3 reasons why Bennett’s dig on doctors at UN became top news – analysis

Written by on October 2, 2021

Prime Minister Naftali Bennett intended to use his first address on the international stage to raise himself up to the level of other world leaders. Instead, a slip of the tongue brought him back to where he was 13 years ago, as chief of staff for then-prime minister Benjamin Netanyahu.

In the aftermath of his speech, one would have expected a frenzy over the way Bennett hammered into Iranian President Ebrahim Raisi. There should have been a discussion about whether his overtures (of which there were none) toward Palestinian President Mahmoud Abbas would move the peace needle forward.

Instead, for four whole days, the post-UN headline on the front page of the country’s newspapers and websites was about the prime minister’s strained relationship with the head of public health services.

“While doctors are an important input, they cannot be the ones running the national initiative,” Bennett said. “The only person who has a good vantage point of all considerations is the national leader of any given country.”

Bennett ran for office on the back of COVID-19, with a message to the public that he was the only leader who could fight the pandemic in a professional manner. He set aside annexation and fighting the legal establishment in favor of a unity government that could battle the virus and the havoc that 18 months of the pandemic have wreaked across Israel.

SHARON ALROY-PREIS participates in a Health Ministry video urging citizens to follow coronavirus regulations. (credit: REUVEN KASTRO)SHARON ALROY-PREIS participates in a Health Ministry video urging citizens to follow coronavirus regulations. (credit: REUVEN KASTRO)

During his first four months in office, the Delta variant undid Israel’s brilliant vaccination campaign, leaving records sick and dead.

While the virus burned across Israel, the opposition blamed Bennett. On Monday night, there is expected to be yet another vote on the government’s “failure” to manage the pandemic.

At the same time, many of the current ministers have chosen not to engage with COVID, so much so that top officials didn’t even show up at coronavirus cabinet meetings.

Bennett has not been deterred. He boasted at the UN that he personally runs Israel’s national COVID task force that meets every day to “bypass slow governmental bureaucracy, make quick decisions and act on them right away.”

In other words, as daily and serious cases start to decline as the third shot campaign takes hold and the new Green Pass outline goes into effect, Bennett wants the credit.

He wasn’t putting doctors down; he was bolstering himself up.

The prime minister and his party received only seven seats (and had only six by the time the unity government was formed). There are likely still many who question his legitimacy as Israel’s leader and Bennett must know this. So, he strives to be the king of COVID.

Moreover, Bennett comes from the world of high-tech and is running the country like he would a company – which is not necessarily a bad thing.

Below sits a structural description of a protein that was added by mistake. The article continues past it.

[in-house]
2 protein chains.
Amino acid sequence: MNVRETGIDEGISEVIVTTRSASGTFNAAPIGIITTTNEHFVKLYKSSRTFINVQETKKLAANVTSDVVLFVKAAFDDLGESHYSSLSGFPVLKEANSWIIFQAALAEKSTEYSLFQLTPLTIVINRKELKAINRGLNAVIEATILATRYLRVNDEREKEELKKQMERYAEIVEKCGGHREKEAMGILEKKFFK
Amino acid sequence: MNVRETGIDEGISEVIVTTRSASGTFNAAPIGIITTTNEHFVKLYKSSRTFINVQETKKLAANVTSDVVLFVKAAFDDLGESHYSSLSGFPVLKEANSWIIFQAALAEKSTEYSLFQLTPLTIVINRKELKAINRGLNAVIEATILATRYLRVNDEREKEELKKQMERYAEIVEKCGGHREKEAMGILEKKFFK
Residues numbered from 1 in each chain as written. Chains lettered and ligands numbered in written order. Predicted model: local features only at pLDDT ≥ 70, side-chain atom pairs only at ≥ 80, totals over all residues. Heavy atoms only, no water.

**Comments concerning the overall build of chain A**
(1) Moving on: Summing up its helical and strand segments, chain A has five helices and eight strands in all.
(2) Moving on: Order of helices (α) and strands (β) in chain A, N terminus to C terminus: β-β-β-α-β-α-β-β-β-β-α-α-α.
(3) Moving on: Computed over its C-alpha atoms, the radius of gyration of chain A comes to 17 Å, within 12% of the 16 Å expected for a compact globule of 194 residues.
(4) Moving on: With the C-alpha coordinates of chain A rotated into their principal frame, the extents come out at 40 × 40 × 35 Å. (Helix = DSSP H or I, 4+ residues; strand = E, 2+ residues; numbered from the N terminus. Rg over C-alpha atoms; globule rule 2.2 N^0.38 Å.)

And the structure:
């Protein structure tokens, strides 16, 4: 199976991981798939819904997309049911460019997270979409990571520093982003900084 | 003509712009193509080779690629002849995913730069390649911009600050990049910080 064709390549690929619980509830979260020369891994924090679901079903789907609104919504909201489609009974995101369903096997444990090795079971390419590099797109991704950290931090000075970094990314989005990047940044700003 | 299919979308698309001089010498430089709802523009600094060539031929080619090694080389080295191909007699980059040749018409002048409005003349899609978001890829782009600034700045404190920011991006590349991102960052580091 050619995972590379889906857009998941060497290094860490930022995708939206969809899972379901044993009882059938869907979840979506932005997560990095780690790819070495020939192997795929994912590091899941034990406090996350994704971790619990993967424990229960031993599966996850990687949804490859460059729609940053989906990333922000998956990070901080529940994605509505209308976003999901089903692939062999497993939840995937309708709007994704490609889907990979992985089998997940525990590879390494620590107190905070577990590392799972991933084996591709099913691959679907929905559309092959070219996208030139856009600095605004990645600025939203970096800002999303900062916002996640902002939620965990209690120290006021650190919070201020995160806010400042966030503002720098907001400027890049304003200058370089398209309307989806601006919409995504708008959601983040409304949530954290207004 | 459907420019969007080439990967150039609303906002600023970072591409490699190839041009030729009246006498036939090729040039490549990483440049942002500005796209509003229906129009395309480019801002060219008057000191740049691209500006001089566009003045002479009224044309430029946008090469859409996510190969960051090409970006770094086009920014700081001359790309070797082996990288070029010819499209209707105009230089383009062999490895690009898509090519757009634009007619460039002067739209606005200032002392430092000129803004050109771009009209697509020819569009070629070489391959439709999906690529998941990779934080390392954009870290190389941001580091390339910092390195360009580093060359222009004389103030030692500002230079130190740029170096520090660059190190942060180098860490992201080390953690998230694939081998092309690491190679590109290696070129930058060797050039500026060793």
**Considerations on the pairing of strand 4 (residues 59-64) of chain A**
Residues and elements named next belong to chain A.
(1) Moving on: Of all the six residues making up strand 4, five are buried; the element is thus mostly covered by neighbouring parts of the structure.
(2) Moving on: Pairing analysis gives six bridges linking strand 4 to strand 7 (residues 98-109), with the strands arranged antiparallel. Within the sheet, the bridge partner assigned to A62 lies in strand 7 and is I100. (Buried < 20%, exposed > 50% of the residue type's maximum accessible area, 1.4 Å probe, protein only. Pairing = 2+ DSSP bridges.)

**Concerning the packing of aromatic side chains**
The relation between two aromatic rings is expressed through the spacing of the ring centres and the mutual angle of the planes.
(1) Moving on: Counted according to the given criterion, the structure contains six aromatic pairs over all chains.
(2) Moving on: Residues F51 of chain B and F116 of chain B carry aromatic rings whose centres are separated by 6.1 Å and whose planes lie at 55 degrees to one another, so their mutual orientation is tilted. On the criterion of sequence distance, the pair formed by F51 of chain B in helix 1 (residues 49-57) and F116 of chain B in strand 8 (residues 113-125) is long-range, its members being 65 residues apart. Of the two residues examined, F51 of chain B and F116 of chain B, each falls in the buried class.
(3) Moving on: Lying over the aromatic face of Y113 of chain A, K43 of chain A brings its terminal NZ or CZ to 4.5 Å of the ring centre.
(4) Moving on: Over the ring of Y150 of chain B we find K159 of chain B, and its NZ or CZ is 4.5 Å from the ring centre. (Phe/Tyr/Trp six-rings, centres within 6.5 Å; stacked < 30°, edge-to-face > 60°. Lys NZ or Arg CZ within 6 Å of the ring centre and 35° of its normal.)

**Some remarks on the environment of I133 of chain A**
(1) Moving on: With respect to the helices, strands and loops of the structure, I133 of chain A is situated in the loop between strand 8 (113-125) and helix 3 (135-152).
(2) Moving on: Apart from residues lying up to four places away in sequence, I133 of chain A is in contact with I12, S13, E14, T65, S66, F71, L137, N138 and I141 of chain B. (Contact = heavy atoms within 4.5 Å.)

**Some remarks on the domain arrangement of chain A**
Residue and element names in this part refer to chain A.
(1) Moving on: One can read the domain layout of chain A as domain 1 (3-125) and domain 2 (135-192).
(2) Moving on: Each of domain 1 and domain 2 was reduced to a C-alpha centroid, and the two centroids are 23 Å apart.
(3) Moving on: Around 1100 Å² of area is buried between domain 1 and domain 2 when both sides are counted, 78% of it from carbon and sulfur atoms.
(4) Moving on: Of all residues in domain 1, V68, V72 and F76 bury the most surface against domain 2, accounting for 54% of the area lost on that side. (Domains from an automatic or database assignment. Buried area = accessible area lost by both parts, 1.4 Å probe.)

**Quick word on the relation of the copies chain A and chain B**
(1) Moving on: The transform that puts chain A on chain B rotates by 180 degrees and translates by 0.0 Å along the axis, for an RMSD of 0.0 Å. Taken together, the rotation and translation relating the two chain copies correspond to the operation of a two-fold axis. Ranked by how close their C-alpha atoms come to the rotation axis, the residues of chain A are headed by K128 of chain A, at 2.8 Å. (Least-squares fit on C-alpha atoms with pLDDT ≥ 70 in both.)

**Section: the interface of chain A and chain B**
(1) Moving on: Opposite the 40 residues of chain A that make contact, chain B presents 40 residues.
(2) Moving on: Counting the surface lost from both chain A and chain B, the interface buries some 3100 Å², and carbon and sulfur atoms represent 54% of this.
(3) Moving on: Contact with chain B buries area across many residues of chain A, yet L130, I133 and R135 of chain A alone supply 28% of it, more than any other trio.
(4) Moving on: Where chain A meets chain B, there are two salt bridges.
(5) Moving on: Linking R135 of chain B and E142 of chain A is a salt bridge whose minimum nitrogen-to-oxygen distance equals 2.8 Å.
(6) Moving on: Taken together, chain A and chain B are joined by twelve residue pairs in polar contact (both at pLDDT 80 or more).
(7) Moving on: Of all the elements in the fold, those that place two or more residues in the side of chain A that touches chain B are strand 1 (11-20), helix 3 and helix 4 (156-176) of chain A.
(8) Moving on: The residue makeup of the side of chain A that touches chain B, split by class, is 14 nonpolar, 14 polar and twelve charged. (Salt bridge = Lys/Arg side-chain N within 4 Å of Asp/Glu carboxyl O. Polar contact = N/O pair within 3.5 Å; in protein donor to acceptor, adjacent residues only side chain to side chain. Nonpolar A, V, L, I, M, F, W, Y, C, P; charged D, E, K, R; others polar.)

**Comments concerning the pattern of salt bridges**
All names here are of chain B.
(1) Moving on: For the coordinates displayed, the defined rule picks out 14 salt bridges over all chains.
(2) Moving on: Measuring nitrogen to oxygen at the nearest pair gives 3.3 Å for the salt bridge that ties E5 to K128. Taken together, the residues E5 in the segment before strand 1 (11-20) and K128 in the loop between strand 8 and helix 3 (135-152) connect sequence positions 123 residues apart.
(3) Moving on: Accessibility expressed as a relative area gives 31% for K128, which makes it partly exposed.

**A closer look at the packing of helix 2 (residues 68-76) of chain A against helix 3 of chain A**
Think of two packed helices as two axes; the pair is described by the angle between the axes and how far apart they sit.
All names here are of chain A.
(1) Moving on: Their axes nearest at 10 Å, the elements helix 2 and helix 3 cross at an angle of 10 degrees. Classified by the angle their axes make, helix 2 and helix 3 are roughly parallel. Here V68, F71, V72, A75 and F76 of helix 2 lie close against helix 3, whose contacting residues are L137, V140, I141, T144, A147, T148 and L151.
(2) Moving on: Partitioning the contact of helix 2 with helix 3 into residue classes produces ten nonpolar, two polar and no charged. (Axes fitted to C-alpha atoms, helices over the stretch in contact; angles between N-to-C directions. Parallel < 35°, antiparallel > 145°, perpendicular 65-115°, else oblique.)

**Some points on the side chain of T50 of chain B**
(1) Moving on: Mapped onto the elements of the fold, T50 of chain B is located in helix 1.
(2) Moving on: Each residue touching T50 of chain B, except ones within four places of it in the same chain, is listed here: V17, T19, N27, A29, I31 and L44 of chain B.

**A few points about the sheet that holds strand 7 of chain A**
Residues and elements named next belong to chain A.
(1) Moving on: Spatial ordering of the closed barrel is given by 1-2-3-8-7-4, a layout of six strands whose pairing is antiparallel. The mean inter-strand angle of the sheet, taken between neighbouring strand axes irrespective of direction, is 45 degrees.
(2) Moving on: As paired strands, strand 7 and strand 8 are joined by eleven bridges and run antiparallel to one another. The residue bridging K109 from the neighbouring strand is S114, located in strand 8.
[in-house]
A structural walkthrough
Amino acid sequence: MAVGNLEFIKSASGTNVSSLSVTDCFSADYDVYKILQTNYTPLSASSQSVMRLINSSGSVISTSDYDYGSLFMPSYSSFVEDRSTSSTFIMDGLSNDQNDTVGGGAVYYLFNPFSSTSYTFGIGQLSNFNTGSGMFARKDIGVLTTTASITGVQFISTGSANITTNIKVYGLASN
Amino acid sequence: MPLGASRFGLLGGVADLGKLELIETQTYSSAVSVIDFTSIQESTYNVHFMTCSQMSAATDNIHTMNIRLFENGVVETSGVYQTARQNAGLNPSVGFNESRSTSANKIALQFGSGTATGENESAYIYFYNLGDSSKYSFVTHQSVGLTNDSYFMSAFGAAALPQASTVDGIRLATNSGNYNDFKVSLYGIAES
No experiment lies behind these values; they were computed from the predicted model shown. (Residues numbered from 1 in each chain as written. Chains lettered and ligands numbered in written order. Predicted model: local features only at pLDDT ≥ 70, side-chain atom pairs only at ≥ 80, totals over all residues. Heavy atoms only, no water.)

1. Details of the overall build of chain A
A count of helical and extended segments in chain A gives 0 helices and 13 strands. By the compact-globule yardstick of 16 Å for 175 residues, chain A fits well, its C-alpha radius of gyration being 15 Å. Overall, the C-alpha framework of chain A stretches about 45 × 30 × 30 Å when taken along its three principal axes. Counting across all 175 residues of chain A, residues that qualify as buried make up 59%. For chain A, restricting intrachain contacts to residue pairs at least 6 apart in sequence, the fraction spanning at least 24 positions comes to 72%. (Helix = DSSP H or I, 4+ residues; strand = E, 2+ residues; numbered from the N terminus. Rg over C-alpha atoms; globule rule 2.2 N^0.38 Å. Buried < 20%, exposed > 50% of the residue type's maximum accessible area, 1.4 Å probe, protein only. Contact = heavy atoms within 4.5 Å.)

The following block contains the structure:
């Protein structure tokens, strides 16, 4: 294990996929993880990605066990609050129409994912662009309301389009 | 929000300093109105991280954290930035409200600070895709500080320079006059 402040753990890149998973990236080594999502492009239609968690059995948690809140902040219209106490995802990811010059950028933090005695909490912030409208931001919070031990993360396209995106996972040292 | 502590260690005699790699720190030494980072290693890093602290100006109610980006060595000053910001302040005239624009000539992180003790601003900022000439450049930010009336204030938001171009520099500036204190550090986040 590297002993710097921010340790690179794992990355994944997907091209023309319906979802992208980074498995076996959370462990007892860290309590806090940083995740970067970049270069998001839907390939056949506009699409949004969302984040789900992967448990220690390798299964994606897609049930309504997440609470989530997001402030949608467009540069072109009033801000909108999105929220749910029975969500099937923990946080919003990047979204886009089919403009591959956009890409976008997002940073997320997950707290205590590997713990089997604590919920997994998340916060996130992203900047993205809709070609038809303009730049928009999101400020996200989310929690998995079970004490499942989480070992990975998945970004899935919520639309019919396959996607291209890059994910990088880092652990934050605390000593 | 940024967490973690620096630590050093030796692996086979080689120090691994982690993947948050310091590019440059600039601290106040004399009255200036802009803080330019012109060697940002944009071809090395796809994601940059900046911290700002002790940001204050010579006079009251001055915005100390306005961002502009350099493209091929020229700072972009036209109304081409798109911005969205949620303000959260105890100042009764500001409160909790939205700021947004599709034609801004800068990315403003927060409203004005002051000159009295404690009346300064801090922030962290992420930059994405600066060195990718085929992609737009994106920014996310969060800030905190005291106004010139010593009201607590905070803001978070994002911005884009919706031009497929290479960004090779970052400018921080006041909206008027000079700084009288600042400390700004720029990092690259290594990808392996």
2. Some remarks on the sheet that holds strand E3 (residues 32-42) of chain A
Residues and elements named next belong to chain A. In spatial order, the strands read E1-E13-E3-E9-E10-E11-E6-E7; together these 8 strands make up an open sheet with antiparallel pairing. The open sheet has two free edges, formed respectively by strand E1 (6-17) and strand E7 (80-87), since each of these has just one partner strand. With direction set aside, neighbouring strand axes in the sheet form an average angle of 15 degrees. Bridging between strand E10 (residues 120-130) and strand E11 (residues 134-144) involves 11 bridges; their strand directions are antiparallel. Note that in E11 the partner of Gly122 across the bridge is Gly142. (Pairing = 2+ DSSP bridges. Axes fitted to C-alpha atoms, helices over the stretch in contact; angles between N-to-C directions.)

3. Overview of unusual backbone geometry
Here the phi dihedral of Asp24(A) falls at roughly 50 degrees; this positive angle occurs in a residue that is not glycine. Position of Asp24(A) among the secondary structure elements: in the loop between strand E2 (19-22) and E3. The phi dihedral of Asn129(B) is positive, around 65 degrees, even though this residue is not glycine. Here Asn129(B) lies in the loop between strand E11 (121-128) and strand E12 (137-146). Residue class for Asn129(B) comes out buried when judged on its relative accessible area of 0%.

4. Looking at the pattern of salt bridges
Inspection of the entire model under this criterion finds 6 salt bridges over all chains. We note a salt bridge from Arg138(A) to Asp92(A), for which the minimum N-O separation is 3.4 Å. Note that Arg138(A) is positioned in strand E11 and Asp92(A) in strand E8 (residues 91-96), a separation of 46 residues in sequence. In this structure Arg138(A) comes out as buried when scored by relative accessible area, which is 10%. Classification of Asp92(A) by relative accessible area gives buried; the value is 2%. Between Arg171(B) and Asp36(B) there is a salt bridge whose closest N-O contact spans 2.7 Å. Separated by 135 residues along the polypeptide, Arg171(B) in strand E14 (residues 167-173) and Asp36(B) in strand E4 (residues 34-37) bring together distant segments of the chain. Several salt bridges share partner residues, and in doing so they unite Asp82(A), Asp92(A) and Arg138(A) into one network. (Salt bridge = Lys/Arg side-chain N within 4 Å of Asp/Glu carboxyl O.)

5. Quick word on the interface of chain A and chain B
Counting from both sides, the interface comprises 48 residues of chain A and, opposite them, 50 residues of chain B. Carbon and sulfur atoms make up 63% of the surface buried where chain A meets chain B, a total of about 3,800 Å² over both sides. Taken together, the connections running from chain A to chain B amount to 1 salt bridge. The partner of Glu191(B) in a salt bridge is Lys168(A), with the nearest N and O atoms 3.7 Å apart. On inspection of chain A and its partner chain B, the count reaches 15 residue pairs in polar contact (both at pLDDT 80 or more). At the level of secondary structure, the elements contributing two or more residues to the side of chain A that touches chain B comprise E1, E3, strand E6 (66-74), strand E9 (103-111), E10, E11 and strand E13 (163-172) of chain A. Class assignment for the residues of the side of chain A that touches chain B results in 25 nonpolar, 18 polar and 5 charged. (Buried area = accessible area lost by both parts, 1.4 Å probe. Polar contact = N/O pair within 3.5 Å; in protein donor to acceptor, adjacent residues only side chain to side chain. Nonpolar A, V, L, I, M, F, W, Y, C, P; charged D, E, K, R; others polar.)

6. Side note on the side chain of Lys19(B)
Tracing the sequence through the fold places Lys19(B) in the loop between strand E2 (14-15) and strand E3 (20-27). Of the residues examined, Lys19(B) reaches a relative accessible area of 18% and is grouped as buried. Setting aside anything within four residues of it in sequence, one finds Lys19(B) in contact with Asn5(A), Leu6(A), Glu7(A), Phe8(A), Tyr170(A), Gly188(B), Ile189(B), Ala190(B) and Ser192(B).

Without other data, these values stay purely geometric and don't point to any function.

Anyone who has worked in the corporate world, at least outside of Israel, knows there is a corporate hierarchy, and the CEO sits at the top.

The job of company leaders is to hear the input from their staff and advisers, all of whom come with their own expertise and perspective, and to make final decisions.

Bennett said that “running a country during a pandemic is not only about health; it’s about carefully balancing all aspects of life that are affected by corona – especially jobs and education.”

Data show that he was right about this. The negative impact of the three previous lockdowns and closing the school system have put tens of thousands out of work and left some of the country’s most at-risk youth even more behind than they were before corona. Shadow pandemics in the form of domestic violence, declining mental health, food insecurity and more are rocking Israeli society.

Not all of these aspects are the role of the Health Ministry, but they are Bennett’s job.

Finally, the prime minister’s speech was lackluster – relatively featureless without any sexy headline or takeaway. So, the media had to find one.

The ironic part is that the line that reporters homed in on and then asked him about during a subsequent briefing to further develop the story was not even in Bennett’s original transcript. He adlibbed it while on the world stage.

The Jerusalem Post had a copy of Bennett’s speech in advance of his delivery. The 20-page, 18-point document was typed in Microsoft Word and included the opportunity to tout his “vantage point of all considerations.” But nowhere does the word “doctors” even appear.

Health Minister Nitzan Horowitz played right into the storyline, responding on Twitter. By the time the holiday was over in Israel, he and Health Ministry Director-General Nachman Ash were on TV talking about how hurtful the comment was to the medical establishment.

And Head of Public Health Services Dr. Sharon Alroy-Preis spoke about it the next day with members of Knesset when they were supposed to be debating a recommendation that employees of health, leisure and welfare offices be required to adhere to the Green Pass outline.

Eventually, Foreign Minister Yair Lapid had to call for a ceasefire, acting as the responsible adult and erasing the only real consequences of Bennett’s UN speech.

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